Before the greatness of the Von Miller’s, J.J. Watt’s, and Khalil Mack’s of the world came to be, there was Terrell Suggs. Before a new golden generation of pass rushers developed, Suggs was already wreaking havoc on the NFL. The 36-year-old is gracefully aging into the twilight of an illustrious career, but his future in Baltimore is uncertain as he remains unsigned. With the open of free agency a few days away, it’s looking increasingly likely one of the most accomplished pass rushers of the 21st century — a man affectionately nicknamed “T-Sizzle” — will test the open market for the first time.
As the Bears load up for a Super Bowl pursuit in the 2019 season, it behooves them to take advantage of Suggs’ openness to a new environment and aggressively nab the prolific veteran outside linebacker.
Keeping close ties
Success in the NFL, like most professions, is defined by the quality of interpersonal working relationships. A team can be oozing talent on paper and fail anyway due to poor leadership at the top. If there’s no cohesion between respective players and coaches the talent often ends up being wasted. Say what you will of the overzealous and often idiotic Michael Scott as a boss in The Office: He ran a better office and had a closer rapport with most of his coworkers than anyone that tried to replace him over the show’s run. His quirky interpersonal ability let him keep the somehow infallible Dunder Mifflin afloat.
It’s the same for NFL coaches and their players: Those coaches who can teach, as well as establish respect and admiration in their players, are those that endure. Ideally you’d want a better individual unit than Dunder Mifflin but the point remains.
One of the best things Matt Nagy’s Bears have going for them is their chemistry, particularly with defensive coordinator Chuck Pagano’s stellar defense. From top to bottom, the Bears’ defense is not only stacked with special ability in the form of Khalil Mack and Eddie Jackson, they also actually like playing with one another: Not a universal case across the league.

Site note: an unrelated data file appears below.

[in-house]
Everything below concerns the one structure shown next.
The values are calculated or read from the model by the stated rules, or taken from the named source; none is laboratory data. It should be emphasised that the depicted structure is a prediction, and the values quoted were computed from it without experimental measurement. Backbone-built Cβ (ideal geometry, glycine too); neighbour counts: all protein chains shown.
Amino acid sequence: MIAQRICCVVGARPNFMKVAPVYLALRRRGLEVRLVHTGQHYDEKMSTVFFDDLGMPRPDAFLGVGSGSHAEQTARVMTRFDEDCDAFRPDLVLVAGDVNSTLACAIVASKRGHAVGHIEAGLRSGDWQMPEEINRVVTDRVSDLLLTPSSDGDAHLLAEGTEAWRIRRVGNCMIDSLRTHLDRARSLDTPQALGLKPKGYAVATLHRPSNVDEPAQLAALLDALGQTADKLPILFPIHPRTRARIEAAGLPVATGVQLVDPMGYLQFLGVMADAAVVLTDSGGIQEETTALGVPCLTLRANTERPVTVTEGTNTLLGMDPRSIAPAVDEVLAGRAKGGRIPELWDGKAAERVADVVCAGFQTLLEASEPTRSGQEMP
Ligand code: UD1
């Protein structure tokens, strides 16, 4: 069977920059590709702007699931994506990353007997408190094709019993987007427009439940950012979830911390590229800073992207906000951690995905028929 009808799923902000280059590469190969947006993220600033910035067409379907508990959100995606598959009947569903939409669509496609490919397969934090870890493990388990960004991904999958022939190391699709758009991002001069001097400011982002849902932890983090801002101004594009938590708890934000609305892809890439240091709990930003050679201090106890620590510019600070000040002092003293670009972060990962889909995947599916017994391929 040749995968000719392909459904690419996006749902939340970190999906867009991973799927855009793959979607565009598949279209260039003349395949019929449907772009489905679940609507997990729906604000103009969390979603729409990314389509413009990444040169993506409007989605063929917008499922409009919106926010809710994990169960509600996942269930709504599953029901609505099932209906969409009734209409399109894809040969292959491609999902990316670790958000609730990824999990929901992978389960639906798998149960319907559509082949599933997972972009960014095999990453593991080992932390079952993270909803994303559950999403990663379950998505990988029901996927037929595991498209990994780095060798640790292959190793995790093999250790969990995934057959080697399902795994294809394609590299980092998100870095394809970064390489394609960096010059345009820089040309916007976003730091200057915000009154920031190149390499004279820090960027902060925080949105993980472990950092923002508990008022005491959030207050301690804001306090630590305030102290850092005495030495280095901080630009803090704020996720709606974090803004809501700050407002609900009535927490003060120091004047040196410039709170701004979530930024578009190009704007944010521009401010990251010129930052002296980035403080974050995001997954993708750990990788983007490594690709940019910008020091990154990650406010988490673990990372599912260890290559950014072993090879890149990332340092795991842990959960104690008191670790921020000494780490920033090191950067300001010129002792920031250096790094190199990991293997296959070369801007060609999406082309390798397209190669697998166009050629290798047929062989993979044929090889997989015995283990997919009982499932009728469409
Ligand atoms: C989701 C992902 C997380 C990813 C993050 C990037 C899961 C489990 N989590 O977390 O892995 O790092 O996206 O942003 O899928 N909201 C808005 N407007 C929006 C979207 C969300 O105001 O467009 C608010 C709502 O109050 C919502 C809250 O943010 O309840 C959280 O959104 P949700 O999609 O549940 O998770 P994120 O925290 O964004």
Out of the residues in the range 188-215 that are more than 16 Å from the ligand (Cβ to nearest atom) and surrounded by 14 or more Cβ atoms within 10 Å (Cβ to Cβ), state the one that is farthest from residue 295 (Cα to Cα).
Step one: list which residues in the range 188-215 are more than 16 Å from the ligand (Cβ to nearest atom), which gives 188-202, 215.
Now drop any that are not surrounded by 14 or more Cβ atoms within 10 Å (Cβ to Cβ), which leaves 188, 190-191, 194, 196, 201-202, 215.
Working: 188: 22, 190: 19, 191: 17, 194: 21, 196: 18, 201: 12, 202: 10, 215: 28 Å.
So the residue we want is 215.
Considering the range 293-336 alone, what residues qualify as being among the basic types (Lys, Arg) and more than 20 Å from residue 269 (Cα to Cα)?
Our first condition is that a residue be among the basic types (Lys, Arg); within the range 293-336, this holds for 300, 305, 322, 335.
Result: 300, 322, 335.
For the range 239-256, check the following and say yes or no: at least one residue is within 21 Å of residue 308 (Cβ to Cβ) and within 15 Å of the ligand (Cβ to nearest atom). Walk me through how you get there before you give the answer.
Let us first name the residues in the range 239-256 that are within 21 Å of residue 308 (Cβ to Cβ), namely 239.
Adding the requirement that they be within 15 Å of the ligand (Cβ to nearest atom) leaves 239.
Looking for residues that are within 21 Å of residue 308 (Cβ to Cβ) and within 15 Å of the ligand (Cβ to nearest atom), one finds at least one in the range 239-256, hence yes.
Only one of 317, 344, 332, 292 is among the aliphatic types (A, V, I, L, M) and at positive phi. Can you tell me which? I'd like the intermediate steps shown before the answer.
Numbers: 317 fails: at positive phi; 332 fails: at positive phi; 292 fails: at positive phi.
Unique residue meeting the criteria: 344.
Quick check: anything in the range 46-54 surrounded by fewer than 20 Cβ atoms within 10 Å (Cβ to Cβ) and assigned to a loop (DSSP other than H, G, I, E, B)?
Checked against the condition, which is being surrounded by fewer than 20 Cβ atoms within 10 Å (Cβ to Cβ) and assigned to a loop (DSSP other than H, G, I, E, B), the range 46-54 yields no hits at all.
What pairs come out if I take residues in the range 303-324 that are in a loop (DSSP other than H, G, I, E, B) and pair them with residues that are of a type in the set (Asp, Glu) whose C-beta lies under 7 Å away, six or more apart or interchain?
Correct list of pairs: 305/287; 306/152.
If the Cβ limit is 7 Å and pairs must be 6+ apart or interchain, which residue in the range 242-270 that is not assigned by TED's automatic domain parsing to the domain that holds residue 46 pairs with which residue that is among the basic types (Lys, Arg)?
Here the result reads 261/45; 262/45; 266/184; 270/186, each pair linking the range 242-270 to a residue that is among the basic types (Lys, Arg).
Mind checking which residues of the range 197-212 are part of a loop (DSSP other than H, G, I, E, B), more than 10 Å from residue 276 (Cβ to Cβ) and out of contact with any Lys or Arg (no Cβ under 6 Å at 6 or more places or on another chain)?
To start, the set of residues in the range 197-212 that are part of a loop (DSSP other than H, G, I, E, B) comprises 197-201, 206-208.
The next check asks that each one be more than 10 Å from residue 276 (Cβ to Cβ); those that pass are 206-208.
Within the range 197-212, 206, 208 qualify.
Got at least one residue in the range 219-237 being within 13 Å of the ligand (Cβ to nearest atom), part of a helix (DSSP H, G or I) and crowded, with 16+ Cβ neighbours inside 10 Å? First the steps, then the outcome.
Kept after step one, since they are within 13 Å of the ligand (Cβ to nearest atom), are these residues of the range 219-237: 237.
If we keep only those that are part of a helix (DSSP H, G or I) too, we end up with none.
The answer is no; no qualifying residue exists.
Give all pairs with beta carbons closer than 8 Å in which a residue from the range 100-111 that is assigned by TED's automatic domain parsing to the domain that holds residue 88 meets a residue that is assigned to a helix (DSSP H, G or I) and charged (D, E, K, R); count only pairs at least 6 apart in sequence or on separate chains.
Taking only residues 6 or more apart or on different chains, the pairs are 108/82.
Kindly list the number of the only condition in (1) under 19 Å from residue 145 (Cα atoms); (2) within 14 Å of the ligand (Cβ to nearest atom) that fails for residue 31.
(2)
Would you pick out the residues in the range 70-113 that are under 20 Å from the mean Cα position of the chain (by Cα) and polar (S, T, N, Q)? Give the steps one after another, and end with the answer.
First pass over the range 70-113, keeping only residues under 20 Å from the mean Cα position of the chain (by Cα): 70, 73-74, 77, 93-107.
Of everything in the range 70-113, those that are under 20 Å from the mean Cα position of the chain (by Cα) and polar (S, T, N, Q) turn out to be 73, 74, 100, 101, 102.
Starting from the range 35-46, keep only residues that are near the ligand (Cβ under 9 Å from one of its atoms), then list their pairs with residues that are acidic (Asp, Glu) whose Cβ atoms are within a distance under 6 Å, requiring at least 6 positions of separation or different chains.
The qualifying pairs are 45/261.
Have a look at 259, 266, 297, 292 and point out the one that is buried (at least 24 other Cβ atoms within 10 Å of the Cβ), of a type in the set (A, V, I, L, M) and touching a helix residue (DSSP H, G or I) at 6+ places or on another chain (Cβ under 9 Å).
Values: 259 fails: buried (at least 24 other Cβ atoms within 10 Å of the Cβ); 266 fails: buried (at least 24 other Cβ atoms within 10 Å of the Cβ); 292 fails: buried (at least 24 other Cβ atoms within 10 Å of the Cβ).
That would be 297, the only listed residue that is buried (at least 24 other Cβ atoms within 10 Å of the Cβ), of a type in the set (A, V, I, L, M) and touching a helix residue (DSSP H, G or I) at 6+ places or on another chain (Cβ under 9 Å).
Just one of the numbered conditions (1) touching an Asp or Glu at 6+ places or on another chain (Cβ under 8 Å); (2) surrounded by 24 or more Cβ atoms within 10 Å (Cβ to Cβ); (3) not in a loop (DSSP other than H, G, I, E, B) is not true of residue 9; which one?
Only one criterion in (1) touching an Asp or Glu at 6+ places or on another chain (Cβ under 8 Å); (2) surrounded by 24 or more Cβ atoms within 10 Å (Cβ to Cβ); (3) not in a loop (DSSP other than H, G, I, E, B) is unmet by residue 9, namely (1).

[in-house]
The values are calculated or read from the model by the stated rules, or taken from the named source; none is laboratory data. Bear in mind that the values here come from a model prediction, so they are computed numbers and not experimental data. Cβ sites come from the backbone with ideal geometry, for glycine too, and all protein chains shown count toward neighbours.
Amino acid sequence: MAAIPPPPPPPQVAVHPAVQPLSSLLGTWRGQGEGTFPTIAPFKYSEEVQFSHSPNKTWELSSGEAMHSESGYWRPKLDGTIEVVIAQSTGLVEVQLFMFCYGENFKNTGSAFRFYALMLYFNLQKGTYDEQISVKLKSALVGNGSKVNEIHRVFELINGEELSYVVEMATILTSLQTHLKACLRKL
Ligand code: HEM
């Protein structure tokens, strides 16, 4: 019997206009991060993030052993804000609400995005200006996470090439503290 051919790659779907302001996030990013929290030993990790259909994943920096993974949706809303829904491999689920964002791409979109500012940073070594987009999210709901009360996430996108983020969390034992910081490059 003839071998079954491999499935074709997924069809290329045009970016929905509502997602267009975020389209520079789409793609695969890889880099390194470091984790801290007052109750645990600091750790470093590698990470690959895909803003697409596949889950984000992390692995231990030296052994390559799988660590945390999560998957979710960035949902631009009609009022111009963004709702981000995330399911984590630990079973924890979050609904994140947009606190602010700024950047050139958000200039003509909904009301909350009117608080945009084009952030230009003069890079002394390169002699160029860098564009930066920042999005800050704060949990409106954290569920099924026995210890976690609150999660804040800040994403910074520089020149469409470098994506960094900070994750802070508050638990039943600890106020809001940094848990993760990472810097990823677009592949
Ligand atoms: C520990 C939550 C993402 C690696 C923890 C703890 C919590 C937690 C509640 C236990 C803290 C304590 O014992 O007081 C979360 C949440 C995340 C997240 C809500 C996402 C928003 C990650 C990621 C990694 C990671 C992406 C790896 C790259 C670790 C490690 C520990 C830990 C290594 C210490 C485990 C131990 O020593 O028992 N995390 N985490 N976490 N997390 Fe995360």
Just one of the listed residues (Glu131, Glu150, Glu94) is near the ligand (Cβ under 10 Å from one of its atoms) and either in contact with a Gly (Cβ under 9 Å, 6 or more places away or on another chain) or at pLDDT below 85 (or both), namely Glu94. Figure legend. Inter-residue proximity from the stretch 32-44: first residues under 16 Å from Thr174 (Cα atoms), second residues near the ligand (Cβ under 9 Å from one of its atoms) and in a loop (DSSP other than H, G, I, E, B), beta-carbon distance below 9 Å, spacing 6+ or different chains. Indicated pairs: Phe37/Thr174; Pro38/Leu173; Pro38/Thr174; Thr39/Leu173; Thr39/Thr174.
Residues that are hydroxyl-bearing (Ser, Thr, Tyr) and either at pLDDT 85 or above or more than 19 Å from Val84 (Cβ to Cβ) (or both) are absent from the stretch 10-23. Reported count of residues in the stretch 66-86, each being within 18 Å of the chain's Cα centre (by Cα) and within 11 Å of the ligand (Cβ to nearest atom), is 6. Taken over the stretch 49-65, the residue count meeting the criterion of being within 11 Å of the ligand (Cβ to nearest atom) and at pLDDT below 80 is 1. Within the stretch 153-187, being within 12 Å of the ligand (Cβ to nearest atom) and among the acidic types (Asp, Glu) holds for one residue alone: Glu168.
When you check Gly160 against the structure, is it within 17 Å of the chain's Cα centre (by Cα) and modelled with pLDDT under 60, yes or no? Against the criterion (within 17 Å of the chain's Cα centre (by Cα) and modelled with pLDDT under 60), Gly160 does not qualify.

Where the Suggs-to-Chicago connection naturally comes in is with Suggs’ deep ties to Pagano. In the one year Pagano featured as an NFL defensive coordinator in Baltimore, Suggs was his Jim Halpert: The most prominent member of a great defense (office). In a 16-year career where Suggs has amassed seven Pro Bowl selections and averaged over eight sacks a season, 2011 forever sticks out as his finest work.
On a Baltimore defense featuring First-Ballot Hall of Famers in Ray Lewis and Ed Reed, Suggs overshadowed one of the greatest linebackers and safeties ever when he received a well-deserved Defensive Player of the Year. His 70 tackles, 23 quarterback hits, 20 tackles for loss and gaudy seven forced fumbles back then paced an aggressive Ravens defense. Those numbers understate how special Suggs was on a merciless, ruthless defense. A No. 1 ranked unit that brings about plenty of callbacks to the modern Bears.
Given his natural talent and propensity for hard work, it’s likely Suggs would’ve reached his career peak regardless of who was his coach. At the peak of his powers, Suggs was always tenacious and savvy. Those kinds of players find a way to succeed regardless of circumstances. That the best piece of his individual career happened with Pagano should resonate with a veteran that’s been around the block more than a few times. Established relationships matter to pending free agents, and Suggs is no different.
For a prime example of how much Pagano meant to Suggs, look no further than the superstar being mockingly adamant as to Pagano’s lacking merits as a leader years ago. Late in the 2011 season, Suggs glowed with endorsements for the 58-year-old coach.
But not before saying he “sucks” as to keep him out of likely head coaching consideration:
“Chuck Pagano, if anybody is trying to hire a head coach, if they ask, I’m going to say he sucks,” Suggs said then. “He’s terrible. He’s a terrible coach. His players don’t love him, and he doesn’t know what he’s doing when he’s calling a game.”